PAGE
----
India's Supreme Court weighs in on same-sex marriage

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India’s Supreme Court considers same-sex marriage issue

Vancouver couple are among many plaintiffs challenging same-sex marriage #x27;prohibition in the largest democracy in the world.

Activists for same-sex marriage march in the streets during the New Delhi Pride Parade last January.

India's Supreme Court will hear a series of cases challenging the same-sex marriage ban on Monday.

If the country's highest court rules to legalize same-sex marriage, India will become the second country in Asia to legalize gay marriage, after Taiwan.

As the largest democracy in the world and the second most populous country on the planet, its influence elsewhere in the world could also be considerable.

So far, the majority of 32 entities that have already passed marriage equality laws are in America and Europe.

According to the plaintiffs – several same-sex couples – the Special Marriage Act, which refers to husband and wife, violates several articles of the Indian Constitution.

They allege that the law dating from 1954, and which celebrates marriage outside of religion, should allow same-sex couples to have the same legal right to marriage as heterosexual couples.

Other petitions also touch on the Marriage Abroad Act, governing unions where at least one spouse is Indian.

[The law] should refer to "spouses" to encompass people regardless of their sex or gender identity, alleges Jayna Kothari, an attorney who represents three plaintiffs in one of the Supreme Court cases.

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So far, Prime Minister Narendra Modi's government, in power since 2014, has refused to legalize same-sex marriage.

In a document filed Sunday in the Supreme Court , the Indian government said the court could not be asked to change the entire legislative policy of the country, which is deeply rooted in religious and societal norms.

However, the Supreme Court is not at the tail of the government. Already in 2018, she spoke out to decriminalize same-sex relations between consenting adults, believing that the British law, dating from colonial times, was unconstitutional.

Attorney Jayna Kothari, co-founder of India Center for Law and Policy Research, is representing some of the plaintiffs in the case.

According to Jayna Kothari, the decision, history, was only the beginning. LGBTQ+ people must now access full recognition of their rights as citizens.

Decriminalization only really makes sense if positive rights are granted, she says, which includes the right to have a family, the right to have property, the right to adopt.

Gaurav Bhatti, an Indo-Canadian, and his partner, Saattvic, moved to Vancouver in 2020, tired of waiting for LGBTQ+ rights to evolve in India.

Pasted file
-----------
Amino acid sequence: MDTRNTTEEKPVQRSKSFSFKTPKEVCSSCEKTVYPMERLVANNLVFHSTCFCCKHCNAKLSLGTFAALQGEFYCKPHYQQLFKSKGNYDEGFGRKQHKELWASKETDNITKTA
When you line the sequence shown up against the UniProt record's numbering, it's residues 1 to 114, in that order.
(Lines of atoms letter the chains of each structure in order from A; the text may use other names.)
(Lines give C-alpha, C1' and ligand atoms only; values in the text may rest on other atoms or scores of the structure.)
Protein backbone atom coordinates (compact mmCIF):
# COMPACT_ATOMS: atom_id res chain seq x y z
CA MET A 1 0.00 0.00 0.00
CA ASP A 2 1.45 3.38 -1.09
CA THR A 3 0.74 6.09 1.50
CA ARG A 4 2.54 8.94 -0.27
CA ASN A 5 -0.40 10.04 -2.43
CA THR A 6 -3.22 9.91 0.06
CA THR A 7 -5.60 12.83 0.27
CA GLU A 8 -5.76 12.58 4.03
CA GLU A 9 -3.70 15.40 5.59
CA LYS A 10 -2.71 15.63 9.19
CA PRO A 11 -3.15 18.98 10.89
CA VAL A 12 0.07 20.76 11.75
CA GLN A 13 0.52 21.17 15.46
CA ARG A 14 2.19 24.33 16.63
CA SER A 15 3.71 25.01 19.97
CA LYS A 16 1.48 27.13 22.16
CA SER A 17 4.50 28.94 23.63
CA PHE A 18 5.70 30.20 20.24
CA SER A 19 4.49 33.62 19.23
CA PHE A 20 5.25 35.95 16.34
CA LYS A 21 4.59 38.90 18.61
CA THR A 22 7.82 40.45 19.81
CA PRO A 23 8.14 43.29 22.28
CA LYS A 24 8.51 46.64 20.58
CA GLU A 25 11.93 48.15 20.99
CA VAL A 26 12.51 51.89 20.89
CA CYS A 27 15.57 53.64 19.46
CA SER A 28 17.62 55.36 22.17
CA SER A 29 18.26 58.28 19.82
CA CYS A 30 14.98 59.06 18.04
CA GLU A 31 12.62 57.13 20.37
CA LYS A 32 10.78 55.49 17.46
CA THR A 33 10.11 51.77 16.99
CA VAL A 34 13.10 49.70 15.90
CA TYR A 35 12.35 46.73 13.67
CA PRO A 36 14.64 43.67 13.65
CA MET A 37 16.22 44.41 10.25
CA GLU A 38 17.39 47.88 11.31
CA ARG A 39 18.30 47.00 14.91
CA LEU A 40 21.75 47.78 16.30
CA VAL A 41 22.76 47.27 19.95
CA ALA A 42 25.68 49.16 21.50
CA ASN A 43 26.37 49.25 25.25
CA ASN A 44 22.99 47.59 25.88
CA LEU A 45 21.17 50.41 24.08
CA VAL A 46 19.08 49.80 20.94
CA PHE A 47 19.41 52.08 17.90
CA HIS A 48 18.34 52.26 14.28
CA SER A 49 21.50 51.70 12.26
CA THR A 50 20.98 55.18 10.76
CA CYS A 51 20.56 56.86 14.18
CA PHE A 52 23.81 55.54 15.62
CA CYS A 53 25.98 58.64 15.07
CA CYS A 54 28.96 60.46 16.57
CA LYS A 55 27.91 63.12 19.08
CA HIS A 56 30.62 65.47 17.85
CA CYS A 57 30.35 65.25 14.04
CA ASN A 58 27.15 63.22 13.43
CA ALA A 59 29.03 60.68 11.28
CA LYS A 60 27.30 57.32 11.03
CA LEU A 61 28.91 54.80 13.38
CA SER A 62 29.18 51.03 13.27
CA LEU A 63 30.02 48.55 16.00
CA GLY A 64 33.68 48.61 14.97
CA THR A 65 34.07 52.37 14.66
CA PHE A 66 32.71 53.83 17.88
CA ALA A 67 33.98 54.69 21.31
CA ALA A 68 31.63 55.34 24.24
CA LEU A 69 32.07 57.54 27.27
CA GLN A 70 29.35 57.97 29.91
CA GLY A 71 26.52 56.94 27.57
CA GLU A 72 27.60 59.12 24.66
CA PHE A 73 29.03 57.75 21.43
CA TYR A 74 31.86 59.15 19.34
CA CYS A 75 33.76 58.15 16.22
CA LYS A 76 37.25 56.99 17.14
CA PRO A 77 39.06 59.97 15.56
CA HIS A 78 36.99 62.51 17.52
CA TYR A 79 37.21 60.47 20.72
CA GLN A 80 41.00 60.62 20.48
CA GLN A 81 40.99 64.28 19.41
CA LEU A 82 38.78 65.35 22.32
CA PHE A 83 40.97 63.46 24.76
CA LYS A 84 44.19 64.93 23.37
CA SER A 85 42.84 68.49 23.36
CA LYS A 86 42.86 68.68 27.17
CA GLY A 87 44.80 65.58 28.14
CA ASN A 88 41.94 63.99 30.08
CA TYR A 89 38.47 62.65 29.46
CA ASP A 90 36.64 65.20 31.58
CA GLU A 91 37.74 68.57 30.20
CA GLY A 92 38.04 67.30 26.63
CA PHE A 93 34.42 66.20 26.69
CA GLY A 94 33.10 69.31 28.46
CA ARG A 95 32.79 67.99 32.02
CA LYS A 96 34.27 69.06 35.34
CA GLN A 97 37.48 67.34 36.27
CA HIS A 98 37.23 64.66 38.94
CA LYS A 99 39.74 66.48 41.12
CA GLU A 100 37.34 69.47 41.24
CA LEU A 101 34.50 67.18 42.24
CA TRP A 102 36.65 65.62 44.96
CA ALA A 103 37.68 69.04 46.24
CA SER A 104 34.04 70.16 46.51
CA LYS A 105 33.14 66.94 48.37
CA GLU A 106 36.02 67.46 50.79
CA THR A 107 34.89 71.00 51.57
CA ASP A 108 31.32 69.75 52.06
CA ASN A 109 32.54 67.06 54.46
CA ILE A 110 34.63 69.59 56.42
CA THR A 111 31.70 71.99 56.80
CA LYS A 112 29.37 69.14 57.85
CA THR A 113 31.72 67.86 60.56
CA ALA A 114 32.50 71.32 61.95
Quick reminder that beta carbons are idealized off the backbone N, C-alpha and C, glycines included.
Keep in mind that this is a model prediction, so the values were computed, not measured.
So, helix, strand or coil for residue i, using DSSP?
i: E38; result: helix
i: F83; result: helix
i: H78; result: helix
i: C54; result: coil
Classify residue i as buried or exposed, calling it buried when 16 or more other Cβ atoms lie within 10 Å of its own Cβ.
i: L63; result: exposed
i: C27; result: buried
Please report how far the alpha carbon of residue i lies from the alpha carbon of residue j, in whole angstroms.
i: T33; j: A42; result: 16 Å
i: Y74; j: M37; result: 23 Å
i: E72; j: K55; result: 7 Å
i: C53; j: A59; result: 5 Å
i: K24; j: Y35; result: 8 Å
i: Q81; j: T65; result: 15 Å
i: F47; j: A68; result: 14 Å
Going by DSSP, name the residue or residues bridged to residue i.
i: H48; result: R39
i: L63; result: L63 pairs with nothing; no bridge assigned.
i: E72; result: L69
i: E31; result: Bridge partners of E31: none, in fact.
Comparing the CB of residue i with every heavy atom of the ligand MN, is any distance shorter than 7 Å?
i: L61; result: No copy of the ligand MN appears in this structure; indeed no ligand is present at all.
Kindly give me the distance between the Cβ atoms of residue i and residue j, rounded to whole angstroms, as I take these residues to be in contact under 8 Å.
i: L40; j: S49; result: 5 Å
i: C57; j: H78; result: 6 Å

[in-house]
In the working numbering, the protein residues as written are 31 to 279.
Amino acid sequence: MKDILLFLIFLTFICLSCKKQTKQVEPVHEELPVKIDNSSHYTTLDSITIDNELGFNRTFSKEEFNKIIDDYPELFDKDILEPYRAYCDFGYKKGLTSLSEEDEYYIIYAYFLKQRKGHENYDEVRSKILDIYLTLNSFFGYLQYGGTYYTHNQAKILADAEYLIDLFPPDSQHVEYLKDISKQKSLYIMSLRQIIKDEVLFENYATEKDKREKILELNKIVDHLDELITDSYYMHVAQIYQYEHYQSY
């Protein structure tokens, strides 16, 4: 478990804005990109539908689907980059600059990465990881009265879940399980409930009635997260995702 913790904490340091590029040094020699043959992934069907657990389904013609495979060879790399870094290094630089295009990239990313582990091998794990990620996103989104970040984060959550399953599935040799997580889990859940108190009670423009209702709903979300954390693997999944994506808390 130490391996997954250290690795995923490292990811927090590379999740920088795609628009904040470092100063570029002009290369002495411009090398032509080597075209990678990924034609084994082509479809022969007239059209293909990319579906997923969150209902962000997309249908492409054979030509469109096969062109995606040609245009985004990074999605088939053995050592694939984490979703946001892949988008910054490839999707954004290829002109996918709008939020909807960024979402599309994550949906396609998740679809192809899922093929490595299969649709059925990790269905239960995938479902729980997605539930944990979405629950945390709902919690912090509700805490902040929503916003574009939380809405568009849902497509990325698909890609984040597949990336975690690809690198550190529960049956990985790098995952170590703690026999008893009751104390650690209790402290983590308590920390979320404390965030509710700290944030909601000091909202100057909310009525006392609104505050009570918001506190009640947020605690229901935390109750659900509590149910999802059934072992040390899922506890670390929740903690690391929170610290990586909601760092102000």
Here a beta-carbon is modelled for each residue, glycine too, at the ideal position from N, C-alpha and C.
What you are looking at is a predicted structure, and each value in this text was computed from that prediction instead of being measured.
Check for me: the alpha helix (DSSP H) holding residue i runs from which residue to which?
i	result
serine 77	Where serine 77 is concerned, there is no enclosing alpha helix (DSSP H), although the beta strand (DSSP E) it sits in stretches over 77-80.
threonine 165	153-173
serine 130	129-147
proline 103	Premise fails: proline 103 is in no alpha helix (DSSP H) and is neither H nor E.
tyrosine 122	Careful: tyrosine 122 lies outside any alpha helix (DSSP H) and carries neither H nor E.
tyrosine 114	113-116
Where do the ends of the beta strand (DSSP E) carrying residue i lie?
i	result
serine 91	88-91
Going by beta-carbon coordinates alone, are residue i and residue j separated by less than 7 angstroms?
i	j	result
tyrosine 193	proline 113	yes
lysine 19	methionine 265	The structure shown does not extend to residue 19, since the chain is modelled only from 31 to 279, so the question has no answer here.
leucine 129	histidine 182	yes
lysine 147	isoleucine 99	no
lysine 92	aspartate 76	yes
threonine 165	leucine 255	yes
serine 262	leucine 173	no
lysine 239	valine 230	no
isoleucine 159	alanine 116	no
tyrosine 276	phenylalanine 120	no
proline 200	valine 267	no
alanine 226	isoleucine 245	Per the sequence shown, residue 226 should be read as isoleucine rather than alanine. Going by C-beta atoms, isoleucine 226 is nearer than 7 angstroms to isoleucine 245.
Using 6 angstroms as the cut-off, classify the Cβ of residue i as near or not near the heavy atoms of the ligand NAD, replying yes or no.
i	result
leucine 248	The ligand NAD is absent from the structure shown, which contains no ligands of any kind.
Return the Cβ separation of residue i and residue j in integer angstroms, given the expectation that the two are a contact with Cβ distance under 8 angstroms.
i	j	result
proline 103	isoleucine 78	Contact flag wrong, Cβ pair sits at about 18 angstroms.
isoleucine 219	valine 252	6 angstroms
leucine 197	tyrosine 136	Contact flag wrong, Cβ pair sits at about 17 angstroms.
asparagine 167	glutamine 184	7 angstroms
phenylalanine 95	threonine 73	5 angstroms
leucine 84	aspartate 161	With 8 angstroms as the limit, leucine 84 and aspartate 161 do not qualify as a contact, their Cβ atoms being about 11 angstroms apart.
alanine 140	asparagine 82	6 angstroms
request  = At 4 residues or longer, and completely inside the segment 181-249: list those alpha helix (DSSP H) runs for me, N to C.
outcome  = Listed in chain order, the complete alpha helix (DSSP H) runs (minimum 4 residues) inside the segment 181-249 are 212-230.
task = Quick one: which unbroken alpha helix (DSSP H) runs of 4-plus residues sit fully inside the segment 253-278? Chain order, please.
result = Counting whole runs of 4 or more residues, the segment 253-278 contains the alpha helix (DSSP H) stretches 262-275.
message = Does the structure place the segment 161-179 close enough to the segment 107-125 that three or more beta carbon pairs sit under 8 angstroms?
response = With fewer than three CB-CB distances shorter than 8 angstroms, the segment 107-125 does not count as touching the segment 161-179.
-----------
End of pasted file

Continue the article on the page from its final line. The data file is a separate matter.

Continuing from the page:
Even if he has the right to marry in Canada, the couple wish to organize a ceremony in India in the presence of his family.

Saattvic, who is an Indian citizen, is among the plaintiffs whose file was transferred to the Supreme Court.

I do it for those young people who live in the villages and who have no way of expressing themselves, he says. This is to give them a chance to live their lives with dignity.

Saattvic (at right) moved to Canada with her partner, Gaurav Bhatti (left), because LGBTQ+ rights in India were moving too slowly for her liking.

Saattvic, a former actor turned economist, believes that discrimination against gay people, often educated and able to leave the country, leads to a brain drain.

These same people will get up and go if you don't give them equal rights, and that has consequences for the whole economy, he says.

The economist cites a World Bank study from 2014, estimating that India was sacrificing up to 1.7% of its GDP at the time due to factors related to discrimination against LGBTQ+ people.


A Supreme Court victory over same-sex marriage could take time to materialize, however, believes Sukhdeep Singh, founder and director of India's Gaylaxy magazine.

Any social change takes time to get to a point where it gets better, he explains.

According to journalist Sukhdeep Singh, founder and director of the LGBTQ website Gaylaxy, a victory would not benefit everyone as much . Poorer women still risk being left behind.

The reporter expects a backlash from more conservative politicians and religious groups if the Supreme Court legalizes same-sex marriage.

An MP, Sushil Kumar Modi, recently spoke out against gay marriage, saying it would cause havoc.

Ultimately, however, Sukhdeep Singh believes that&#x27 ;a victory would have positive repercussions elsewhere in Asia and around the world.

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